Monday, 30 November 2009

Restaurant as the spiritual homeland

Part One

I have this theory and I wanna share. We need a public space. We need somewhere that allows us to connect with humanity in a general way. It could have been a church in the past, but that's dead now. It could have been the family, but that's as dead as the dining room these days. But always better than both was the open outdoors fire with food cooking over it.

You can see that image alive in the barbeques of suburbia or the hog roasts of the rural pubs. It's the smell of cooking meat, people faces lit by flames and this sense of communal and physical warmth that comes from the flames.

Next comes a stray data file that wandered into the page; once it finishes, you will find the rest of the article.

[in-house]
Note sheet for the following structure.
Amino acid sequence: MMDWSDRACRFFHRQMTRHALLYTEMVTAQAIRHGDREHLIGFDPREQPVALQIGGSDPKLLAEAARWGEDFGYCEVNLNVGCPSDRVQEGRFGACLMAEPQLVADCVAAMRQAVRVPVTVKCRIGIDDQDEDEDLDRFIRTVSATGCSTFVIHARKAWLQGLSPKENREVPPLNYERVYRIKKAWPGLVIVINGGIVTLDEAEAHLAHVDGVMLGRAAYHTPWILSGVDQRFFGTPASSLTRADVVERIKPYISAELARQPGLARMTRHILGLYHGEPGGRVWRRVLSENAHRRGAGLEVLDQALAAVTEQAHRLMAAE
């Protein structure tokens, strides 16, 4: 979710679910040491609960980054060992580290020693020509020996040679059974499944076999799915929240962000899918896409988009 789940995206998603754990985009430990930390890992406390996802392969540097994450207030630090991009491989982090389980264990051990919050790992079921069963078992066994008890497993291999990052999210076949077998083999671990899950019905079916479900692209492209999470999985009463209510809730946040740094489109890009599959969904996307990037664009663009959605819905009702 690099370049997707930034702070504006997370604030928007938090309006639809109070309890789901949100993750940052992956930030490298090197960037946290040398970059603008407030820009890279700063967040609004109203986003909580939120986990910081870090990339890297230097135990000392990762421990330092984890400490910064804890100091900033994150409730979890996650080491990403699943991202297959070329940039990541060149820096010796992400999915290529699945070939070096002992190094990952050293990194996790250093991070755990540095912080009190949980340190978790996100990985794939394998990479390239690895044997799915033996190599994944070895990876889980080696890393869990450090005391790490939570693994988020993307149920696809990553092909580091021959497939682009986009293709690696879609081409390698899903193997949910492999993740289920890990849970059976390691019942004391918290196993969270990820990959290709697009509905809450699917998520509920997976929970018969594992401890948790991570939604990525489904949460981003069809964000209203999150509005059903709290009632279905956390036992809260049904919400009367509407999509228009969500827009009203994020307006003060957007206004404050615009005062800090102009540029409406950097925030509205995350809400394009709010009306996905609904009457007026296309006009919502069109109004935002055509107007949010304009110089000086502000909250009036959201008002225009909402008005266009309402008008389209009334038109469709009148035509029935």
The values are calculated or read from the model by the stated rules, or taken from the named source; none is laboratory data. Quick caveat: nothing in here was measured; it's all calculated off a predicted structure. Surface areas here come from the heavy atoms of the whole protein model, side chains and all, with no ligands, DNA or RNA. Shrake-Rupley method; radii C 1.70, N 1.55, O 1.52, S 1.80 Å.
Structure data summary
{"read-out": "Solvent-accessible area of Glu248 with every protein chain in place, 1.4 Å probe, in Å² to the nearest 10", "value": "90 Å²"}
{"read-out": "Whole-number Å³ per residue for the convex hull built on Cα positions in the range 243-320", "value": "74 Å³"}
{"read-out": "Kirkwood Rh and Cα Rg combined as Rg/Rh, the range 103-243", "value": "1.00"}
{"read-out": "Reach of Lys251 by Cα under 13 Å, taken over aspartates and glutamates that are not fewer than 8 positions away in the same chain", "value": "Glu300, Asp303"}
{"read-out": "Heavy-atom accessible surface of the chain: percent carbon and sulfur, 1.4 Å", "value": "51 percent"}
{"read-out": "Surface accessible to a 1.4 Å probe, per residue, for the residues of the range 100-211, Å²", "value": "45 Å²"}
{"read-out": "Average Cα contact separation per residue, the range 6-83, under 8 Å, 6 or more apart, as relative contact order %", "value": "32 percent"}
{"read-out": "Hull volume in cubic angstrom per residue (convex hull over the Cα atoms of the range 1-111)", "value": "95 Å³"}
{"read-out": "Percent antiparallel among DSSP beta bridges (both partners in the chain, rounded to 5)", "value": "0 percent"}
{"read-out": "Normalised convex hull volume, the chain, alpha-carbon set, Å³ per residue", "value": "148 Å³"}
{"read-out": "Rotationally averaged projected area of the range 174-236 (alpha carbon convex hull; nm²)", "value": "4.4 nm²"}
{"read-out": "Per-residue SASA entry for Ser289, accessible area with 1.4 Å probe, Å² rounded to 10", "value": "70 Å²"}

I reckon that restaurants are the modern equivalent of this communal fire. Just as farming/civilisation/government began with the desire for beer and bread, we have older blood coursing through us. We need to gather and share our food: its the origin of the word companions.

Be honest: no-one goes to restaurants because they're hungry and thirsty. They want to see and be seen. They want to push their boundaries a bit with the help of alcohol, they want to get laid. We want to belong. As pubs, religion, family has faded away in England, restaurants have grown and they continue to grow. Come recession, come terrorist outrage, it's table for two at eight – always bloody eight.

That Alan Yau made his mark with restaurants that pioneered the swedish school dinner look. All those people crammed together on the long benches. It makes him the money and gives everyone else the illusion of that cosy communality, touching our elbows and slurping our noodles. We must truly want to belong to something to go to places like these.

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